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  • 1
    Publication Date: 2013-01-19
    Description: [1]  Although conventionally described as purely dip-slip, faults at caldera volcanoes may have a strike-slip displacement component. Examples occur in the calderas of Olympus Mons (Mars), Miyakejima (Japan) and Dolomieu (La Reunion). To investigate this phenomenon, we ran numerical and analog simulations of caldera subsidence caused by magma reservoir deflation. The numerical models constrain mechanical causes of oblique-slip faulting from the three-dimensional stress field in the initial elastic phase of subsidence. The analog experiments directly characterize the development of oblique-slip faulting, especially in the later, non-elastic phases of subsidence. The combined results of both approaches can account for the orientation, mode and location of oblique-slip faulting at natural calderas. Kinematically, oblique-slip faulting originates to resolve: (1) horizontal components of displacement that are directed radially toward the caldera centre; and (2) horizontal translation arising from off-centered or ‘asymmetric’ subsidence. We informally call these two origins the “camera iris” and “sliding trapdoor” effects, respectively. Our findings emphasize the fundamentally three-dimensional nature of deformation during caldera subsidence. They hence provide an improved basis for analyzing structural, geodetic and geophysical data from calderas, as well as analogous systems, such as mines and producing hydrocarbon reservoirs.
    Print ISSN: 0148-0227
    Topics: Geosciences , Physics
    Published by Wiley on behalf of American Geophysical Union (AGU).
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  • 2
    Publication Date: 2019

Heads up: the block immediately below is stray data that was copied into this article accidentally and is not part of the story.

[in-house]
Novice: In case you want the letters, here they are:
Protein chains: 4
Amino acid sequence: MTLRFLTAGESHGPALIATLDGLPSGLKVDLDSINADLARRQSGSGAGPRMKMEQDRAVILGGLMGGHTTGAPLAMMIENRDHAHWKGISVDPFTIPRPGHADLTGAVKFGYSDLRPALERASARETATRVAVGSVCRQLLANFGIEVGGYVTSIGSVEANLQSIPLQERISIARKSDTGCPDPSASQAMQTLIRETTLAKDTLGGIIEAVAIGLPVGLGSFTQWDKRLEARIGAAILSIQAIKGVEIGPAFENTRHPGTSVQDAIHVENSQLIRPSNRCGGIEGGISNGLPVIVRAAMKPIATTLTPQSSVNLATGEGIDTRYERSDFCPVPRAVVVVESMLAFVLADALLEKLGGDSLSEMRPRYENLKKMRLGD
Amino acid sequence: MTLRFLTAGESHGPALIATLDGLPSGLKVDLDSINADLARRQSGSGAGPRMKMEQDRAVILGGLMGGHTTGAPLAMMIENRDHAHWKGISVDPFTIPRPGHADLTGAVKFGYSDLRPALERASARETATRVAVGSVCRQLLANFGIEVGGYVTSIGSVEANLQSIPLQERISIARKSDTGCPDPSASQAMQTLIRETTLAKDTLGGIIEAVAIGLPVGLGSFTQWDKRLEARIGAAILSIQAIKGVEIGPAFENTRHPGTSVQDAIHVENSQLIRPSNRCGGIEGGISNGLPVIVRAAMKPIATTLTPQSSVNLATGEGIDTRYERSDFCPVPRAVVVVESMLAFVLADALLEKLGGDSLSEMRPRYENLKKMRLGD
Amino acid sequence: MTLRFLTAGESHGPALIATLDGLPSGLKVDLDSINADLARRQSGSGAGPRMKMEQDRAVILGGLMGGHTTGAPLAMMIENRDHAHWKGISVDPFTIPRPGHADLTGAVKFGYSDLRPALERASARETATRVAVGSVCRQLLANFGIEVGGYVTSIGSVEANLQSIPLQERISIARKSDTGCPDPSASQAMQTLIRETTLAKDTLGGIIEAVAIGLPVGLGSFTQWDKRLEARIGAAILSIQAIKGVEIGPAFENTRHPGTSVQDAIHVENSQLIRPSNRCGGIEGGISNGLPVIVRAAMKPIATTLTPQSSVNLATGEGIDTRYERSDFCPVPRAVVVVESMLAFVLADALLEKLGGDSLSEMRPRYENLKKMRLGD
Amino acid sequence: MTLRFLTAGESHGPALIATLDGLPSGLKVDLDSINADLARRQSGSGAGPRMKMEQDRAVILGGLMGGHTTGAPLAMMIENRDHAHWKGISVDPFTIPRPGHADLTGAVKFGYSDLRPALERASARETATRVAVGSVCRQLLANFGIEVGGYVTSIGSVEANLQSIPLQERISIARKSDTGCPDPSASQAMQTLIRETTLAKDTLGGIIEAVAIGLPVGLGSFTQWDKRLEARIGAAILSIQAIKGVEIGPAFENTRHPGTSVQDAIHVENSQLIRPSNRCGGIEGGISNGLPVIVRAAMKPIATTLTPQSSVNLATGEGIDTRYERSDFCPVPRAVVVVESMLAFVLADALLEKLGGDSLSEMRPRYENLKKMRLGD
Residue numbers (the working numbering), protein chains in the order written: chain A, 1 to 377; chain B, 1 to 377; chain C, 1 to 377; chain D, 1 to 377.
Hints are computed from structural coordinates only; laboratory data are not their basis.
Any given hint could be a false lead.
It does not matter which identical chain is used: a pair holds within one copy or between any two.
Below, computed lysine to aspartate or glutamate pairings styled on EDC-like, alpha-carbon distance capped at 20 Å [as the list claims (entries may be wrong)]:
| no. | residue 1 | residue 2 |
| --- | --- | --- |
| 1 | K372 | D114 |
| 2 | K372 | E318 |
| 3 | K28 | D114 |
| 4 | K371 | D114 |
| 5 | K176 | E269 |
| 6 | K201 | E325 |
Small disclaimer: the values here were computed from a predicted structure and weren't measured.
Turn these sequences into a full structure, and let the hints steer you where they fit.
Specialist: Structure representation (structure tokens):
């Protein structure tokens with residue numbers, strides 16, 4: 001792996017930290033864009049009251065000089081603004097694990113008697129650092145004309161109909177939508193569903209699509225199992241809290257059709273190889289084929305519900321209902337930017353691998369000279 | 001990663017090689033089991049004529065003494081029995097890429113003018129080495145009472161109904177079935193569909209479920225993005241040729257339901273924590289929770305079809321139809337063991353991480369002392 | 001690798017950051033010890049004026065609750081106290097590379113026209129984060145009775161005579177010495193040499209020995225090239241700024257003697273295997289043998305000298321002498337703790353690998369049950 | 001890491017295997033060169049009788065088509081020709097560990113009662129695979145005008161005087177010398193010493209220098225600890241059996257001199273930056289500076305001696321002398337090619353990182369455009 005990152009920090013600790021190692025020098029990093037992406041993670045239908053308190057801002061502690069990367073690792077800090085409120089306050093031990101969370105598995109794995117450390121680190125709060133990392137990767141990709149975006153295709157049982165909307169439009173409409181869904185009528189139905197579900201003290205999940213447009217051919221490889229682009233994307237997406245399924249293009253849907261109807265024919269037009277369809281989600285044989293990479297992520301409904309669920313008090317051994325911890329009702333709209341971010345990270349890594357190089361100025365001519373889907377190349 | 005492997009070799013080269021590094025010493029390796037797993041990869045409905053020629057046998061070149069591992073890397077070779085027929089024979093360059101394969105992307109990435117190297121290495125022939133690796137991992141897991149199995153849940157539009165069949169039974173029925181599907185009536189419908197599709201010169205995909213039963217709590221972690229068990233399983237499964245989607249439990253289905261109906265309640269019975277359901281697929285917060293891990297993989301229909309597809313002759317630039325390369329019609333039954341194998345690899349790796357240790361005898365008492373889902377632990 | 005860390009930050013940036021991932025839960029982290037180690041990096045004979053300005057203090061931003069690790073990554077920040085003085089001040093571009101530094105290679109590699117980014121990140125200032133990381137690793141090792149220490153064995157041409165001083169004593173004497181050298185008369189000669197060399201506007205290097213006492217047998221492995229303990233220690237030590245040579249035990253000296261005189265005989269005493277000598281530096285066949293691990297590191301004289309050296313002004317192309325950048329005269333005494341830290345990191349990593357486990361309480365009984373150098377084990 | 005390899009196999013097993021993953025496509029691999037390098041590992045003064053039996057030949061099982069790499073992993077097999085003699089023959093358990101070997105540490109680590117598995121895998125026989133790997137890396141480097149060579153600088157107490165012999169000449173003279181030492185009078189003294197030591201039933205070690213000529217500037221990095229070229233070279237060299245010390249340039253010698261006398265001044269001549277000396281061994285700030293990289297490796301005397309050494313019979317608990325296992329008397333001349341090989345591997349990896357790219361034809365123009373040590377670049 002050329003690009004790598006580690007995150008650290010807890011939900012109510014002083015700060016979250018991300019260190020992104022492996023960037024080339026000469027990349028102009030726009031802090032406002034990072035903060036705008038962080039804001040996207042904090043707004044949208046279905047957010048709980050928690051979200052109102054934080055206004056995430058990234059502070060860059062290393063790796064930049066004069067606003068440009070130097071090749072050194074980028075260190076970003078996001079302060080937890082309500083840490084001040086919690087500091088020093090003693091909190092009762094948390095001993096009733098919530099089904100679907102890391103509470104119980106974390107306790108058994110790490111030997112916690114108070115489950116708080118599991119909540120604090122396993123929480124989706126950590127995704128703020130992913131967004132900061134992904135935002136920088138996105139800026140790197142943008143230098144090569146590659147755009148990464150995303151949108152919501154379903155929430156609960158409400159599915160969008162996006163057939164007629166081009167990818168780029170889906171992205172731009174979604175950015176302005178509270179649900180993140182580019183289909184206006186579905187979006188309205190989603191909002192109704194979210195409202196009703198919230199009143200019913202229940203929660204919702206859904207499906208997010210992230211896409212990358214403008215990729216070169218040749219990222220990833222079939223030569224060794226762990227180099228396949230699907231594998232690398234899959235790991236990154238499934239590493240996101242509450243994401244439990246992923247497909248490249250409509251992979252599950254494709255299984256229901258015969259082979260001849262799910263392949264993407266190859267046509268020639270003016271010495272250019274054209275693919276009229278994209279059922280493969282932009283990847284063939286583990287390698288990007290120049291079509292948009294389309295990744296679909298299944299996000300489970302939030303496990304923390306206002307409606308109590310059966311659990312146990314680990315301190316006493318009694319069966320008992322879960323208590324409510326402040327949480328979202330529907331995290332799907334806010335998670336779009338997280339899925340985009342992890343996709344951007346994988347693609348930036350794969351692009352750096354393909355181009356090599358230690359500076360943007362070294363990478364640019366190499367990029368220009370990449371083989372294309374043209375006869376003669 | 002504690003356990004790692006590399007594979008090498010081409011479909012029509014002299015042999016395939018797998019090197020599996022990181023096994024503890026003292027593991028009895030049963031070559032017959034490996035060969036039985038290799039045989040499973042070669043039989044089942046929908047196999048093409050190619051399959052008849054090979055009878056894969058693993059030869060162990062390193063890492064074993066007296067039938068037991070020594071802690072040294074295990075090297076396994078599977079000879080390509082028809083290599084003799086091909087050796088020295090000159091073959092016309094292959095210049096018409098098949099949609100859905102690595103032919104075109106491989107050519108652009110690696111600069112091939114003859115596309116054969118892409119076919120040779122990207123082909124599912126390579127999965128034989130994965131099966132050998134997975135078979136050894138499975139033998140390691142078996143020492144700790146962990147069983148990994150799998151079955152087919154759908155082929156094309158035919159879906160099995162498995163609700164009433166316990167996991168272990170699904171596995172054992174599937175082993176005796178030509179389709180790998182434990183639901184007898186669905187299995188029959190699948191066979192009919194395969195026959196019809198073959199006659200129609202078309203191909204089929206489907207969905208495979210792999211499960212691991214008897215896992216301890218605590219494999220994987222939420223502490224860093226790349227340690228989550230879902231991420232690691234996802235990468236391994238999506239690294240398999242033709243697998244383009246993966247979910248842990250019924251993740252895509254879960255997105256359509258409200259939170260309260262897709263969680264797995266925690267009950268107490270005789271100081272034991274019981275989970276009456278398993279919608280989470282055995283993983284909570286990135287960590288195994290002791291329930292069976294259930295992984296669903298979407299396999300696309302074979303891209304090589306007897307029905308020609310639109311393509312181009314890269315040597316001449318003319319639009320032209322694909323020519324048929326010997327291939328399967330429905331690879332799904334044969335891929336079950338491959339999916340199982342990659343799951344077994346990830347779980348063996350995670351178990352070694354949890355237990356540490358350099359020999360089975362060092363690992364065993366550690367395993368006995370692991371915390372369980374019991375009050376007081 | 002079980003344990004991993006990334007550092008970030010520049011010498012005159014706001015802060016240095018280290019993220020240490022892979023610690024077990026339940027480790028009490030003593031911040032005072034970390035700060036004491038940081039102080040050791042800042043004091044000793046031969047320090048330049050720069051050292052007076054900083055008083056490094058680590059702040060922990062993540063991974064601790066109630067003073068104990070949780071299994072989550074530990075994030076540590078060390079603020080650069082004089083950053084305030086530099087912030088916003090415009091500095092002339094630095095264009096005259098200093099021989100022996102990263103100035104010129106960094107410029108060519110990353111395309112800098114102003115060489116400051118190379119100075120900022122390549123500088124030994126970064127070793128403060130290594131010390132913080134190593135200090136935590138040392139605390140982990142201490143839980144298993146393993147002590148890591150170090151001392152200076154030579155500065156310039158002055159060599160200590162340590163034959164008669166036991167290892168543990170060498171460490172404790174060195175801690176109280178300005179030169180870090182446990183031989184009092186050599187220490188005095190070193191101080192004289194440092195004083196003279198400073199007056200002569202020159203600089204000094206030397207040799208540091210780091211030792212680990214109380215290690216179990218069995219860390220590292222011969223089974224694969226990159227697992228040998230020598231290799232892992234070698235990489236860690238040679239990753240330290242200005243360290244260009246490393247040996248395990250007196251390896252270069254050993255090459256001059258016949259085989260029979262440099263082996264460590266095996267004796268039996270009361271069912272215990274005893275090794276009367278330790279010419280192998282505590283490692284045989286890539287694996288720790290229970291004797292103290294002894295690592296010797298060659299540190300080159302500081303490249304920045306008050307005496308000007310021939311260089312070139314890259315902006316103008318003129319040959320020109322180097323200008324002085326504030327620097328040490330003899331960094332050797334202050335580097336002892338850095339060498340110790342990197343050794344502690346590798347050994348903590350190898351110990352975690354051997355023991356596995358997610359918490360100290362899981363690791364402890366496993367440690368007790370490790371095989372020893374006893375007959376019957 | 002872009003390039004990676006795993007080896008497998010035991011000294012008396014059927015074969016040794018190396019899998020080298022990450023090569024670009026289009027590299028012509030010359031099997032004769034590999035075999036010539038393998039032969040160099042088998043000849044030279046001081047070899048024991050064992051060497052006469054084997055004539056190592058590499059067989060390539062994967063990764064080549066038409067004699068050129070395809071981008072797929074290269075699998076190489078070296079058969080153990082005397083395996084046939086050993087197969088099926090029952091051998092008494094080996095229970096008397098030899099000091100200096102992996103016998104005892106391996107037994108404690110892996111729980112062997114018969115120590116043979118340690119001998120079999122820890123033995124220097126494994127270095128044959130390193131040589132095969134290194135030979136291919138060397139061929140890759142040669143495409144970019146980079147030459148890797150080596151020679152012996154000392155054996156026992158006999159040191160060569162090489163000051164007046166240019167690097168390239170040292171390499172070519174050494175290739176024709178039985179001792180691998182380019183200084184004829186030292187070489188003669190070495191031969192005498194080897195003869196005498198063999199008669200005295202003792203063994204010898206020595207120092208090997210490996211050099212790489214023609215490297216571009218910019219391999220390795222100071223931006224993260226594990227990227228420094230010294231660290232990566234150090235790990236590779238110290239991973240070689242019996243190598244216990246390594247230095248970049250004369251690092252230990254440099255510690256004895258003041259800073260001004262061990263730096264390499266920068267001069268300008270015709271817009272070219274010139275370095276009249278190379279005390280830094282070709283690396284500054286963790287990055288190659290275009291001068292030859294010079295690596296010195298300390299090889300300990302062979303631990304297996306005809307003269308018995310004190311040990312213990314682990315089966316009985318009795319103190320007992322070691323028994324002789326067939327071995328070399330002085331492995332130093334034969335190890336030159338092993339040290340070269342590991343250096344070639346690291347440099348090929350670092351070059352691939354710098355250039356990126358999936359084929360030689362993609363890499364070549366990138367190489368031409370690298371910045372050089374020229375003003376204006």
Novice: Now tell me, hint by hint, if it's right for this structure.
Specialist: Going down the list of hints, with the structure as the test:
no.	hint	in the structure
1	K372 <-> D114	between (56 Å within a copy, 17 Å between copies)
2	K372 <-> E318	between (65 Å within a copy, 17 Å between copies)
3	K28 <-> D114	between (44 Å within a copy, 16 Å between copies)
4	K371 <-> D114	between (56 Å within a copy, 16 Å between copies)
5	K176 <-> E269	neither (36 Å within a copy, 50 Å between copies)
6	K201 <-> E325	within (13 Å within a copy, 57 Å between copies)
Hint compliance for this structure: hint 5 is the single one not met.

Description: Regions of temperate oceanic climate have historically represented a challenge for the application of satellite-based multi-temporal SAR interferometry. The landscapes of such regions are commonly characterized by extensive, seasonally-variable vegetation coverage that can cause low temporal coherence and limit the detection capabilities of SAR imagery as acquired, for instance, by previous ERS-1/2 and ENVISAT missions. In this work, we exploited the enhanced resolution in space and time of the recently deployed Sentinel-1A/B SAR satellites to detect and monitor ground motions occurring in two study areas in the Republic of Ireland. The first, is a ~1800 km2 area spanning the upland karst of the Clare Burren and the adjacent mantled lowland karst of east Galway. The second, is an area of 100 km2 in Co. Meath spanning an active mine site. The available datasets, consisting of more than 100 images acquired in both ascending and descending orbits from April 2015 to March 2018, were processed by using the Permanent Scatterer approach. The obtained results highlight the presence of small-scale ground motions in both urban and natural environments with displacement rates along the satellite line of sight up to −17 mm/year. Localized subsidence was detected in recently built areas, along the infrastructure (both roads and railways), and over the mine site, while zones of subsidence, uplift, or both, have been recorded in a number of peatland areas. Furthermore, several measured target points indicate the presence of unstable areas along the coastline. Many of the detected movements were previously unknown. These results demonstrate the feasibility of adopting multi-temporal interferometry based on Sentinel-1 data for the detection and monitoring of mm-scale ground movements even over small areas (〈100 m2) in environments influenced by temperate oceanic climate.
    Electronic ISSN: 2072-4292
    Topics: Architecture, Civil Engineering, Surveying , Geography
    Published by MDPI
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